Sunday, June 5, 2011

A Crooked Little Garden in a Rented Space

Matt and I started renting our present home shortly before we got married two years ago. We didn't know then--and still don't know now--how long we'll be living in Knoxville, and so renting makes a certain kind of sense for us. However, any time that we're walking around the neighborhood, we look at people's houses and talk about what our house will be like when we move; I would like as little lawn as possible, and a sizable garden with a few beds of established perennials--rhubarb, asparagus, strawberries... Until then, we've decided to make the best of things at this present place, and got permission from our landlord to put in a small garden.
Cinder-block cilantro

I actually started planting things in our back yard before I even got permission. I thought that if I put in just a few plants here and there, the landlord wouldn't mind. Last spring, I put a couple salvaged drawers into the ground, along with some cinder blocks, and grew a couple pepper plants, basil, oregano, and one sad Mortgage Lifter tomato. It was an experimental kind of garden--I had no idea what I was doing, and I didn't want to dig up too much of our yard (or ask the landlord for permission), but I wanted to grow something. Somehow, as the summer progressed into fall, the
number of drawers filled with dirt kept multiplying. My parents brought me a horseradish root, and I had to put it somewhere; then, I started volunteering at Beardsley, and decided that I wanted to plant collards--and they, too, had to be planted somewhere. Before knew it, I was preparing beds for next year's squash and tomatoes. Then, a friend gave us some seed garlic, and we built a small raised bed to plant it in; then, another small raised bed for the Egyptian walking onions. At the end of this past winter, I put in a small bed for peppers and a larger bed for kale and root vegetables (for which the neighbors donated unused masonry stones).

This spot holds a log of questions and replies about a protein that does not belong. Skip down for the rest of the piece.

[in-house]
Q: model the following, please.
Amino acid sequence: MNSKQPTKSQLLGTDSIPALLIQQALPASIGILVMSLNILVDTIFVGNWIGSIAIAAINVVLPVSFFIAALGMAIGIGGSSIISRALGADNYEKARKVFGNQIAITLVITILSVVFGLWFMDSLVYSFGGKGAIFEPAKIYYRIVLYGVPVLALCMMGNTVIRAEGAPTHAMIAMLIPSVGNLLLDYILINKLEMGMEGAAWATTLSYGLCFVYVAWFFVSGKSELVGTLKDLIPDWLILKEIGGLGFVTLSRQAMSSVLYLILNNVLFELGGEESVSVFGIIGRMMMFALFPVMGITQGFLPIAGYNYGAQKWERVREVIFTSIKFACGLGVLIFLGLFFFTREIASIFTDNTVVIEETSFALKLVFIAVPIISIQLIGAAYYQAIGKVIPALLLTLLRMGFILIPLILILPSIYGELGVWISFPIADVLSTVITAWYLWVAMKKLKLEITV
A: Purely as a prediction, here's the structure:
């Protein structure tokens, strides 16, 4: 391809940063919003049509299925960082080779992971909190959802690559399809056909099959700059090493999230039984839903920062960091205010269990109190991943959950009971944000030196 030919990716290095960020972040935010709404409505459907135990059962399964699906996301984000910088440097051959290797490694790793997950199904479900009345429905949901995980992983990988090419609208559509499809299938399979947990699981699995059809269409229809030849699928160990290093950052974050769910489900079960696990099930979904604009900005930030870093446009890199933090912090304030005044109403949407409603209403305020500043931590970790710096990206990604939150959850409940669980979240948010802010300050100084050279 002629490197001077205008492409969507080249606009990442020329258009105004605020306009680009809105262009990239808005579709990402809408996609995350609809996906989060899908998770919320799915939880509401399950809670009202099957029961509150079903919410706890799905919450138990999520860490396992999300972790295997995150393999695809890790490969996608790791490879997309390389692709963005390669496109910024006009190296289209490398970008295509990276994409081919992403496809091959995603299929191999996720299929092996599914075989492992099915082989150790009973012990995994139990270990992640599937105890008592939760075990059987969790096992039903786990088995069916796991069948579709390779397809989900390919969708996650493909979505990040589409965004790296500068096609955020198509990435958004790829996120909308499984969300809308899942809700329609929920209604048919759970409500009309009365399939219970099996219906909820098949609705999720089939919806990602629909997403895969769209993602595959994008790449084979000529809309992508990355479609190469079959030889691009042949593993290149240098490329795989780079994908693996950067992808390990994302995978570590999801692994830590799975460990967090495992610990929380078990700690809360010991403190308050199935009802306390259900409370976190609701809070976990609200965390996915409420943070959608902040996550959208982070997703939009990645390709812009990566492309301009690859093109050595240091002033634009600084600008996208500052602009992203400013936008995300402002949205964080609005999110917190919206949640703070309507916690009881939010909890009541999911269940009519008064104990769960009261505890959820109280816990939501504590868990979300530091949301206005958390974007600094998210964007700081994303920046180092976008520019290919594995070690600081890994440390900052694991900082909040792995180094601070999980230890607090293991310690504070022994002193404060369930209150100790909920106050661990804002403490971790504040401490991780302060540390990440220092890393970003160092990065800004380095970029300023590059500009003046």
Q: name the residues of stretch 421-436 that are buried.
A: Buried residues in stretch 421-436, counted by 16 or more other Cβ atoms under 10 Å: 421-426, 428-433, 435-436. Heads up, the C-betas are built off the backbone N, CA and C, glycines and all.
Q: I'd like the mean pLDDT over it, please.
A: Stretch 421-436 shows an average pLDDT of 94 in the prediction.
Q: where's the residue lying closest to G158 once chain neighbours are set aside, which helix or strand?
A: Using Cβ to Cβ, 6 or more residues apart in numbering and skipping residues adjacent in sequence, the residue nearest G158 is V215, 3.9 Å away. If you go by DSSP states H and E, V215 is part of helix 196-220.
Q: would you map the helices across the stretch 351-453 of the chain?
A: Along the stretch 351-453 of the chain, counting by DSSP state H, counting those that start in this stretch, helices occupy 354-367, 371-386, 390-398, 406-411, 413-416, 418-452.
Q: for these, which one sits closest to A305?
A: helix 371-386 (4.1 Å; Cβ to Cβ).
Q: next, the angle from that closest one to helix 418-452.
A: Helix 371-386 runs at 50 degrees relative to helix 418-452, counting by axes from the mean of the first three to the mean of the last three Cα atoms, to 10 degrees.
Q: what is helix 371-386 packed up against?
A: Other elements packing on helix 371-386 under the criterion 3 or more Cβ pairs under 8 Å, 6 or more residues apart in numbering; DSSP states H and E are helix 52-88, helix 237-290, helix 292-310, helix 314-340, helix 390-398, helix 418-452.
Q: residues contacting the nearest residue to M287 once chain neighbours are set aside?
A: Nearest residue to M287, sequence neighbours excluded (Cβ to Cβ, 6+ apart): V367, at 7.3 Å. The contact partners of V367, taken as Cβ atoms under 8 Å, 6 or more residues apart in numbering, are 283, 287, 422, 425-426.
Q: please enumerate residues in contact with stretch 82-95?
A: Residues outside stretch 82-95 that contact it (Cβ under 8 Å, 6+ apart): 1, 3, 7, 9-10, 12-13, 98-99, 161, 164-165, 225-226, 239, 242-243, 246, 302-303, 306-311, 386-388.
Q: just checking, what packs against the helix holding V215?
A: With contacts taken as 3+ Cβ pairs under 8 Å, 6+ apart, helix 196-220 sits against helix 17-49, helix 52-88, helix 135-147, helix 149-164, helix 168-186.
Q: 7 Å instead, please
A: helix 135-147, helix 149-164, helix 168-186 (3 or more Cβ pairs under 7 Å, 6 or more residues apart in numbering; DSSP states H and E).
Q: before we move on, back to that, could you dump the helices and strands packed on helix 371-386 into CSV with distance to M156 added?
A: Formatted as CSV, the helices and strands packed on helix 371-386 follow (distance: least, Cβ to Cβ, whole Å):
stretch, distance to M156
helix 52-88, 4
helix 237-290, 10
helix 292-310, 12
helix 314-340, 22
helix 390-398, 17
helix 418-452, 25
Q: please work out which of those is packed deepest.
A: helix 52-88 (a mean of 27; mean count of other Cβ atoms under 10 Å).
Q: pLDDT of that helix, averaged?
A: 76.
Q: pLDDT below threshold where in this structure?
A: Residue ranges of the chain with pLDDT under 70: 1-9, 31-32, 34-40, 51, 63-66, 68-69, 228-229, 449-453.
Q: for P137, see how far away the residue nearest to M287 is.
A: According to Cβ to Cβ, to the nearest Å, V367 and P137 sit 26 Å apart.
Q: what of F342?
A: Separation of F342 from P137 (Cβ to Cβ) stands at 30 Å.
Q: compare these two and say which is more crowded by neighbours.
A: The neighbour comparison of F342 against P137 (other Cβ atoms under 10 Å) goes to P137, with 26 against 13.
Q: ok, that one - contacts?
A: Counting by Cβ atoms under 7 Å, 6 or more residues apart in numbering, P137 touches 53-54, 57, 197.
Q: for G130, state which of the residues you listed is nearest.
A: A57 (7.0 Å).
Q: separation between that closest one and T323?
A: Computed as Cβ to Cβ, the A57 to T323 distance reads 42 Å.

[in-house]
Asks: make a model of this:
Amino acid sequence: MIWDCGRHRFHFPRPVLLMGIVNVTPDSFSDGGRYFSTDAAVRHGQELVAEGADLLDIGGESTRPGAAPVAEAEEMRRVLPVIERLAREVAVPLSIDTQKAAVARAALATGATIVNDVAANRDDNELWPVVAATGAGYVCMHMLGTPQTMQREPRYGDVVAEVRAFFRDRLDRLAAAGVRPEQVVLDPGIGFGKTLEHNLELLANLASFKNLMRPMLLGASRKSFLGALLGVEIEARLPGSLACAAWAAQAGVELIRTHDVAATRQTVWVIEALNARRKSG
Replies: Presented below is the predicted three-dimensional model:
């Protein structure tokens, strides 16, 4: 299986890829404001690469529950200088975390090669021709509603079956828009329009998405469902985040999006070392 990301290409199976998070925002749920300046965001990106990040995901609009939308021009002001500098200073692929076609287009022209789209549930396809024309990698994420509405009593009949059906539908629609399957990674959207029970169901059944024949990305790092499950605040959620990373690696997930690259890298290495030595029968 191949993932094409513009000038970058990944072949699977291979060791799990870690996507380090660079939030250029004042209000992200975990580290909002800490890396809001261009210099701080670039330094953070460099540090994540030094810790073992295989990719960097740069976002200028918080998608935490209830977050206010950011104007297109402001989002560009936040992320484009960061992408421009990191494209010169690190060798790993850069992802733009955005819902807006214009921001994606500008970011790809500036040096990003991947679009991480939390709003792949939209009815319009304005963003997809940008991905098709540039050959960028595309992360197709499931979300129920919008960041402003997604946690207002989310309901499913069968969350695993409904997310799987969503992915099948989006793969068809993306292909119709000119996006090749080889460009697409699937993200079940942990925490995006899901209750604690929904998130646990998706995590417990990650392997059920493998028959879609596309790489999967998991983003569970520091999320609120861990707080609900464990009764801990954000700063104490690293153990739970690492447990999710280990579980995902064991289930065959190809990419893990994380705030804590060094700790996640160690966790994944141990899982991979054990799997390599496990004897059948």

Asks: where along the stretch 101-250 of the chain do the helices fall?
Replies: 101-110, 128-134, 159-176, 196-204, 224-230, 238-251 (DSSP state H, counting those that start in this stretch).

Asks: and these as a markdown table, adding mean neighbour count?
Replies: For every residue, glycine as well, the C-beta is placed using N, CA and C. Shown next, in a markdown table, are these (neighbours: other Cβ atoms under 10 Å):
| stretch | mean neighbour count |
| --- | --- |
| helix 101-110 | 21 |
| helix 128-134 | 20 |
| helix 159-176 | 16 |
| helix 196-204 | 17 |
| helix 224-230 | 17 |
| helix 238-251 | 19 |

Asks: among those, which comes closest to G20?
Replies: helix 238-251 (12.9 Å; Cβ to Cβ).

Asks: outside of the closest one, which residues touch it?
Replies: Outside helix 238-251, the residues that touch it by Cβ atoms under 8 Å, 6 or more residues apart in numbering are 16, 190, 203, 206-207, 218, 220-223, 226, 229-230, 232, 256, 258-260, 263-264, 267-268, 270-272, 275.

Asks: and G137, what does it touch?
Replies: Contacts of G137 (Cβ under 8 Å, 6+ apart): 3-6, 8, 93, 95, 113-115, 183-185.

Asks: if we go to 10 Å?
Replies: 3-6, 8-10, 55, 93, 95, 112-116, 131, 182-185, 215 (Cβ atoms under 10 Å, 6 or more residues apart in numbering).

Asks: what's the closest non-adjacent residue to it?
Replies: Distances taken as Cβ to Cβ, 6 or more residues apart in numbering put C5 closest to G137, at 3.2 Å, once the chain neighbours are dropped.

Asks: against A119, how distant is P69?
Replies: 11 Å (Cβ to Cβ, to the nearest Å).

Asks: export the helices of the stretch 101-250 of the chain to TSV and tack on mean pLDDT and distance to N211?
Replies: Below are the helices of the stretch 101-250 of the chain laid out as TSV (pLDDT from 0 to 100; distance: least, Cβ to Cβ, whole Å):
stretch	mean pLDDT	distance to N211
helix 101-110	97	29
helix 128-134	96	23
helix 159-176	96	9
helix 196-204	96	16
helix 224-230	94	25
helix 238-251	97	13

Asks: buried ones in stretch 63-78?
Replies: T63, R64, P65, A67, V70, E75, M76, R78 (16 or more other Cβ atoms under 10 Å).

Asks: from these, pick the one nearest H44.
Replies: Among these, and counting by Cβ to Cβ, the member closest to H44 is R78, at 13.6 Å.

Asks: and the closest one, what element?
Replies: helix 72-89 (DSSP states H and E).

Just a couple months ago, I put in a small bed for beans after John Coykendall got me so excited about planting them. I'm also growing potatoes in a couple buckets, just to see if I can. We bought a small blueberry bush, and I'm growing cucumbers, dill, and loofahs along the fence. The patch of dirt in our front yard that had previously been overtaken by ivy now has sorrel, chamomile, cilantro, mint, and dill.
Clockwise from bottom left: horseradish, squash and onions, garlic, potato bucket, mystery tomato, oregano.
As I list everything, I realize just how much I've expanded our garden since last year--all in little increments. It's all a little crooked: the beds are not even, the stones (and even cinder blocks) are not level, and most of the drawers are starting to warp after a year of holding soil and water. I've had to put chicken wire on top of the bigger beds because the neighborhood cats like to use the loose soil as a litter box--thus, the beds look even more strange. But I love it nonetheless. It has taught me a few important lessons--that a garden does not have to be aesthetically pleasing to produce food; that even clay soil is fertile; that compost is indispensable; that I can make a garden with mostly found materials; and that it takes about a year to put in beds, amend the soil, and start an active compost pile. This all gives me hope that wherever we go next, whenever that happens, I will be able to grow something.


Alicia said...

I'm entirely envious of your garden! I too have no idea what I'm doing when it comes to gardening. First I started with mostly flowers and shade loving plants, and I did really well with those. After we got our tree cut down I started with some real beds, but I always manage to do something wrong...It doesn't help that our yard floods every time we get a good rain and floats my raised beds away! I never thought to plant in cinder blocks. I have a few laying around..Might give that a try.

zemmely said...

I think the thing with gardening is to treat everything as a learning experience--because, after all, there's always next year to try to get things better.
I have the opposite problem of you--our soil is clay and sand, so everything gets compacted and dry very fast.
Also: the key to planting in cinder blocks is to bury them at least half-way in the ground, and to plant herbs. My peppers were miserable in them last year!